Assessing and understanding the generation and function of RNA decay intermediates in non-insect borne flaviviruses

Mundell, Cary T., author
Wilusz, Jeffrey, advisor
Geiss, Brian, committee member
Perera, Rushika, committee member
Reddy, Anireddy, committee member
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Cellular gene expression is an intricate process regulated on many levels that allows the cell to react correctly to stimuli or to maintain homeostasis. RNA viruses must act to preferentially drive production of their own messenger RNAs (mRNAs) and proteins in order to successfully replicate and ensure continued infection. Due to the necessity for RNA viruses to remain in the cytoplasm, regulatory factors that affect host mRNAs likely also affect the transcripts of RNA viruses. RNA decay represents a major pathway of regulation for mRNAs. A multitude of RNA viruses possess unique mechanisms that act to prevent the decay of viral transcripts and allow for successful translation. Members of the viral family Flaviviridae are positive sense, single-stranded RNA viruses that do not possess a poly(A) tail. Therefore, it is highly likely that these transcripts would be marked as deadenylated and shuttled down one of the RNA decay pathways that exist in the cell. Interestingly, members of the genera Flavivirus of the family Flaviviridae possess a conserved structured 3' untranslated region (UTR) that acts to interfere with the decay processes of the major cytoplasmic cellular 5'-3' decay enzyme XRN1. In addition, members of the generas Hepacivirus, Hepatitis C Virus (HCV) and Pestivirus, Bovine Viral Diarrhea Virus (BVDV), possess XRN1 stalling elements within their 5' UTRs. These stalling sites block the action of the exonuclease and generate decay intermediates. The generation of these decay intermediates represses XRN1 activity in the infected cell. Herein we demonstrate a new method for studying RNA decay through the use of XRN1-resistant RNAs (xrRNAs). In this method we utilize the well characterized xrRNA of Dengue Virus Type 2 (DENV2) as a readout to study the decay rates of relatively large RNA constructs. We show that not only is utilizing an xrRNA an effective method for confirming XRN1-mediated decay, but that the accumulation of the readout xrRNA can be utilized to understand changes in the decay kinetics of RNA substrates. We further utilize this method to demonstrate a lack of XRN1 stalling elements within the poliovirus internal ribosomal entry site (IRES) element. We provide evidence that the stalling of XRN1 in the 5' UTR of BVDV is dependent on both the presence of the entire IRES structure and the presence of a stem loop 5' to the IRES element through the analysis of a series of truncations. Finally, we demonstrate one possible role for the HCV and BVDV decay intermediates as the truncated IRES element maintains translatability in an in vitro system. Collectively, these data better define the structural requirements for the novel XRN1 stalling elements located in the 5' UTR of non-insect borne members of the Flaviviridae as well as the potential function of the decay intermediates.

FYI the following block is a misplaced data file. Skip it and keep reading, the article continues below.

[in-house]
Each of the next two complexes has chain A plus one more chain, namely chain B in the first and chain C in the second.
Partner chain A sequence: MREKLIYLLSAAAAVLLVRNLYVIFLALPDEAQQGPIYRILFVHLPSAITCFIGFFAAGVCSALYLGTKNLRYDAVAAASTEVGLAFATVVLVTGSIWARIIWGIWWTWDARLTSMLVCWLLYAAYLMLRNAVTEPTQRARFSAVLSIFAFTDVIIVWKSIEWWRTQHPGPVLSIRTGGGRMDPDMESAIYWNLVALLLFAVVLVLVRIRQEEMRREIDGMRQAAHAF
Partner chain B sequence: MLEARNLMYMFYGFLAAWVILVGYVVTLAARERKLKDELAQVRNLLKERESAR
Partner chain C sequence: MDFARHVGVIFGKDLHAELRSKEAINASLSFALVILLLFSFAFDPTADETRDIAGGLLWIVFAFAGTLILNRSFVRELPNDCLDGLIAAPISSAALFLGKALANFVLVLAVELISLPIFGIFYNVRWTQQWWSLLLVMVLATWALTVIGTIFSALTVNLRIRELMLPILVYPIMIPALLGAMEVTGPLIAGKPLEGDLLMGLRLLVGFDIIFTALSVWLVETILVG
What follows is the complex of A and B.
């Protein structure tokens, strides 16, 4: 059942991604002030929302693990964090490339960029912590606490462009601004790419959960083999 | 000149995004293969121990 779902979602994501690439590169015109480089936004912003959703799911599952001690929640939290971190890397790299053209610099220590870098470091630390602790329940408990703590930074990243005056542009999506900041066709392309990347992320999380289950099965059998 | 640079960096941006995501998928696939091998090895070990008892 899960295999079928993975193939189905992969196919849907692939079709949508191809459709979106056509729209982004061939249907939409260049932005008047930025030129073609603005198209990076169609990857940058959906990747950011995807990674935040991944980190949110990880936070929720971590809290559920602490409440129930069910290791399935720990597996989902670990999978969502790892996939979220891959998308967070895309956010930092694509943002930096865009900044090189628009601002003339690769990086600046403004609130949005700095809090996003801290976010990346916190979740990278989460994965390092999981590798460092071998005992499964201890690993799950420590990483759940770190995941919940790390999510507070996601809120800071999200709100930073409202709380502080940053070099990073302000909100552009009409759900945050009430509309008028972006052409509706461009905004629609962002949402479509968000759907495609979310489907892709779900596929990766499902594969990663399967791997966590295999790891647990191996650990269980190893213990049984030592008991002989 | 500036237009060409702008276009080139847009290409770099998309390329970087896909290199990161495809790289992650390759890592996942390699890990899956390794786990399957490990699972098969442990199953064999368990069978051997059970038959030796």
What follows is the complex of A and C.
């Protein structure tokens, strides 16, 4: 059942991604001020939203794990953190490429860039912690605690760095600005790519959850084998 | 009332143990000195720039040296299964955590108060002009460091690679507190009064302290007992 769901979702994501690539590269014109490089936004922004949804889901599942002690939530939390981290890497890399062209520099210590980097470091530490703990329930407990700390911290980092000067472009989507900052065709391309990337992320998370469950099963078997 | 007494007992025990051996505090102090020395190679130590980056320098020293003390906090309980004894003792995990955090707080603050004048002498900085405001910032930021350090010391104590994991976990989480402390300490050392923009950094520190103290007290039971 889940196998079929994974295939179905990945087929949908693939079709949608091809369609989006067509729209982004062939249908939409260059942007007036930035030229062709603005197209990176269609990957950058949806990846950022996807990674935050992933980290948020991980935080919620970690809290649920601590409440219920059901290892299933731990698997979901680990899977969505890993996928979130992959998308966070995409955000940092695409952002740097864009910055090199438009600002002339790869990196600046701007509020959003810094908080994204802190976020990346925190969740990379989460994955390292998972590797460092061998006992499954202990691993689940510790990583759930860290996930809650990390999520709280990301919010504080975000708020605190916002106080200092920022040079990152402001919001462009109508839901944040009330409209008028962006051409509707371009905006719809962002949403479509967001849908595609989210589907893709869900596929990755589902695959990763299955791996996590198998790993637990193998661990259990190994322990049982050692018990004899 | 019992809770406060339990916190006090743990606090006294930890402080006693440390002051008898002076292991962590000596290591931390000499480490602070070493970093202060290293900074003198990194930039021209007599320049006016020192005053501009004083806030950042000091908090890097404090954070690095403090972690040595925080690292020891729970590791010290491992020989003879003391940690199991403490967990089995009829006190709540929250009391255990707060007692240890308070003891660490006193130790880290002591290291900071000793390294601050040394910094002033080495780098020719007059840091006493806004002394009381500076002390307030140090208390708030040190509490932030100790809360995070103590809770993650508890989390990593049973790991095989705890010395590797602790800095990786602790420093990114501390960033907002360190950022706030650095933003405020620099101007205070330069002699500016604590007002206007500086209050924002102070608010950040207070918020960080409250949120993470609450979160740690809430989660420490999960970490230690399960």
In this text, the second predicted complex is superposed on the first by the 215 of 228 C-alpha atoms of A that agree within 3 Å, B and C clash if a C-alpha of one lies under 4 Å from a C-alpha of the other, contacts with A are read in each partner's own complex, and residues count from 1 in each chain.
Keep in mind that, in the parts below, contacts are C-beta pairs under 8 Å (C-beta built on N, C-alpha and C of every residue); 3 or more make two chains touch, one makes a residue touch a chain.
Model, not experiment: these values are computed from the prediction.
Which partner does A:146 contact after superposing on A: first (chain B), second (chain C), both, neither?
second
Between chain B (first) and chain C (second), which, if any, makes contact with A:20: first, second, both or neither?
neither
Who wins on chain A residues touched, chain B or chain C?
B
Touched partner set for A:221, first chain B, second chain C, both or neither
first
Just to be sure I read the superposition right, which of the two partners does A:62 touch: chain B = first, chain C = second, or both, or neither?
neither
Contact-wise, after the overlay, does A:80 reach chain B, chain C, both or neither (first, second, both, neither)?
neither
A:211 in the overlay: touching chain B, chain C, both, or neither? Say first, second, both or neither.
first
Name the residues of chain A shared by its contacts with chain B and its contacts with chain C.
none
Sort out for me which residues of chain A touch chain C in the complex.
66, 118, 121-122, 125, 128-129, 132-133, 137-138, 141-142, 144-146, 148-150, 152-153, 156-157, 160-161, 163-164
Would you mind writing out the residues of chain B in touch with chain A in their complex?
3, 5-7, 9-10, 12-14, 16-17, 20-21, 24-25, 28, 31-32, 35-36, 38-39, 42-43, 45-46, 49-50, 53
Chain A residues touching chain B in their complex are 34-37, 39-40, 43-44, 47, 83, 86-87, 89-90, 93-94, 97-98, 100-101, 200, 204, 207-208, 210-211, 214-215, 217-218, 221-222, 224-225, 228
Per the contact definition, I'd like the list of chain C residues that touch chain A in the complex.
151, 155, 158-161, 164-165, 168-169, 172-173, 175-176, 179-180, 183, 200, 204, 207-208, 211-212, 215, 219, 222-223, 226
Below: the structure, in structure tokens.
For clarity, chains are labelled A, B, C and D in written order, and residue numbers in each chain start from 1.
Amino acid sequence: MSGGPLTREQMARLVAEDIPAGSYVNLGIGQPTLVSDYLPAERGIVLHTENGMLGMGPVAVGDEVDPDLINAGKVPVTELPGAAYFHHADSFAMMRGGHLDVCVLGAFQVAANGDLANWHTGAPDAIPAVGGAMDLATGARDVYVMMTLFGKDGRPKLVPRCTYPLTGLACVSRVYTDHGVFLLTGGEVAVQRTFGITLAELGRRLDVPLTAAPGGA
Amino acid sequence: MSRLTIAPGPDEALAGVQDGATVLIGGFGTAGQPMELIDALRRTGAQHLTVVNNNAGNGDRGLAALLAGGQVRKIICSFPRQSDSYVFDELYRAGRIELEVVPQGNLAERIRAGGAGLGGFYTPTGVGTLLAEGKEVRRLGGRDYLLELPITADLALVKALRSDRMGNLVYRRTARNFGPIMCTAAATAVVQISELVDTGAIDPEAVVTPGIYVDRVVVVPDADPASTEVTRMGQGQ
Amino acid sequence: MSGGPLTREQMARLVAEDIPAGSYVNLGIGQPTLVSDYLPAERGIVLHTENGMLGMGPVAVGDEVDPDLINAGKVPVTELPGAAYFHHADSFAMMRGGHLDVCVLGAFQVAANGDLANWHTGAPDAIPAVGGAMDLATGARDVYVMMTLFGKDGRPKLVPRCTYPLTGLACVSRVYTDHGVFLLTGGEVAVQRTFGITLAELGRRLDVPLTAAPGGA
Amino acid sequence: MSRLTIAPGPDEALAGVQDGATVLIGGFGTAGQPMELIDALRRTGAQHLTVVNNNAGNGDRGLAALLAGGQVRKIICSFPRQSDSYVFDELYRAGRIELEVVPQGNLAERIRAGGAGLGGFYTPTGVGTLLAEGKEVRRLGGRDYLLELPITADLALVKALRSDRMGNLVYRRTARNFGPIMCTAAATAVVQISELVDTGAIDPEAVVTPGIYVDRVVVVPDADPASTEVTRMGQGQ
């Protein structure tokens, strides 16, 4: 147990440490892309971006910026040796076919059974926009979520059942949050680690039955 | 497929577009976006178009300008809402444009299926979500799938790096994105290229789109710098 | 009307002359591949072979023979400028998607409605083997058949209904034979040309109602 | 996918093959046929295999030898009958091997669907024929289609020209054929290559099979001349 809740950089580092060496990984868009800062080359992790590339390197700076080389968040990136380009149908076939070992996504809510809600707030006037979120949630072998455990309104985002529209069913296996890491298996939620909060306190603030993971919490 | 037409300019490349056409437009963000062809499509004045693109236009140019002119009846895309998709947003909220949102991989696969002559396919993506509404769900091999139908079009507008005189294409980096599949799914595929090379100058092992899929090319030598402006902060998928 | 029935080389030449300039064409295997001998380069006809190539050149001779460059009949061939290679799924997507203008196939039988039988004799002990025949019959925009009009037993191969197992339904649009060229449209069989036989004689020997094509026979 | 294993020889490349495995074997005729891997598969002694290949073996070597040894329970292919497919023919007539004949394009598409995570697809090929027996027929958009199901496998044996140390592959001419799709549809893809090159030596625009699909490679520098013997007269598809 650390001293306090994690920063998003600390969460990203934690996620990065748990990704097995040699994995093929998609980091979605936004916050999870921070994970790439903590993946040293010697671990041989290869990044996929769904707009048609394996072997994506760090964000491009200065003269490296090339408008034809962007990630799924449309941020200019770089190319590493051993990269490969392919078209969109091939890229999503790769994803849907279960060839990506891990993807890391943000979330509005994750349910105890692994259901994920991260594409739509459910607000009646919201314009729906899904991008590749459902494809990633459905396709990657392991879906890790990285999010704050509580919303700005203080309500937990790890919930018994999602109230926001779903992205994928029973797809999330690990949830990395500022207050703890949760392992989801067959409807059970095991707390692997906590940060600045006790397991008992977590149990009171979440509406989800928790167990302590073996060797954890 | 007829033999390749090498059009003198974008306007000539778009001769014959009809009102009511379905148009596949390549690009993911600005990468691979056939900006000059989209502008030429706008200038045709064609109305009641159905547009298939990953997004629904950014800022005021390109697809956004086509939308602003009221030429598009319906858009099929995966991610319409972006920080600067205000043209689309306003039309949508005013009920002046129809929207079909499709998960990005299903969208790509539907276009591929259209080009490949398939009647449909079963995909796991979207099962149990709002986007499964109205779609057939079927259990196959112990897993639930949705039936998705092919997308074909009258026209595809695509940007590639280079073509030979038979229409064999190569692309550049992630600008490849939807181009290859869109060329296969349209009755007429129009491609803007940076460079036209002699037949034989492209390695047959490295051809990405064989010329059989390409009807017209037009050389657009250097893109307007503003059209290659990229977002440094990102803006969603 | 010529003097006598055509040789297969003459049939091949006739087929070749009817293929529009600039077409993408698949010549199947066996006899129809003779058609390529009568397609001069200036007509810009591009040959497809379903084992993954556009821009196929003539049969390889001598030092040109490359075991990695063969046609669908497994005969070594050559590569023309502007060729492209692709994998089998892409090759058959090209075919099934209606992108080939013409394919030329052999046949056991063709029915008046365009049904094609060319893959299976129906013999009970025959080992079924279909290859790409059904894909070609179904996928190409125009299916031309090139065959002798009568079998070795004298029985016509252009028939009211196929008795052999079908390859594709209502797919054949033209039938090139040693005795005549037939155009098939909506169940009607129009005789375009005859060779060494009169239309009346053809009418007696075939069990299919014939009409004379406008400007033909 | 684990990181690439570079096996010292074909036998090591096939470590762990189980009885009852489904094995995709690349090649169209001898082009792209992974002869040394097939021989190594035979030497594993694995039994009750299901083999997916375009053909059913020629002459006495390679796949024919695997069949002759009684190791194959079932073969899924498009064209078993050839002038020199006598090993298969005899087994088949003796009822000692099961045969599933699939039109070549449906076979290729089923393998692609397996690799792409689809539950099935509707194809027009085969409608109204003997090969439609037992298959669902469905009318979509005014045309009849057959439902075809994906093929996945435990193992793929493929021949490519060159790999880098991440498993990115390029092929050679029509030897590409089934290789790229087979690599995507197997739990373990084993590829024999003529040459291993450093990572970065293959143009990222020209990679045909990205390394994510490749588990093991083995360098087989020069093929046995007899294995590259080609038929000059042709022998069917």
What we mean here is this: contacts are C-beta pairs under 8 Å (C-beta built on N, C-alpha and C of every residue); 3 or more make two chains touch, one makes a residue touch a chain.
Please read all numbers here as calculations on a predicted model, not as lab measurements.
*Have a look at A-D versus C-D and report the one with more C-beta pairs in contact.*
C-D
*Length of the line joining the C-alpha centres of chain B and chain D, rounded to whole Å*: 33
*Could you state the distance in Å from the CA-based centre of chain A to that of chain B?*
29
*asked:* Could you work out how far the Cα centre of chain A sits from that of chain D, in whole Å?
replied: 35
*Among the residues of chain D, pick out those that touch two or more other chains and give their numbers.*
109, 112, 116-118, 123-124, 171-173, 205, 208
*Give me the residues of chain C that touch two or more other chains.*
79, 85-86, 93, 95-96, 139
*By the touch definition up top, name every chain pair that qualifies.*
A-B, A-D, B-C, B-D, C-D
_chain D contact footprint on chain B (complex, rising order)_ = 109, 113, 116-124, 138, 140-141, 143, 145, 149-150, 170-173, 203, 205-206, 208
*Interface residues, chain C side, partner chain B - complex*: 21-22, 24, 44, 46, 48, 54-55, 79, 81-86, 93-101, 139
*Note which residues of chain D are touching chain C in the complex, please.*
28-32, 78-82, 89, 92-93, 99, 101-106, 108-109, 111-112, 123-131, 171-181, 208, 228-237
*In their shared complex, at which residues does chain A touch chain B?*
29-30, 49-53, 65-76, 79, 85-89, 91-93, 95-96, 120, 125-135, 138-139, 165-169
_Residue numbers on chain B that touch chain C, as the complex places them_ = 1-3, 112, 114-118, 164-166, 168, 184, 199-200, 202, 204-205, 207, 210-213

2019 Summer.
Includes bibliographical references.
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RNA biology
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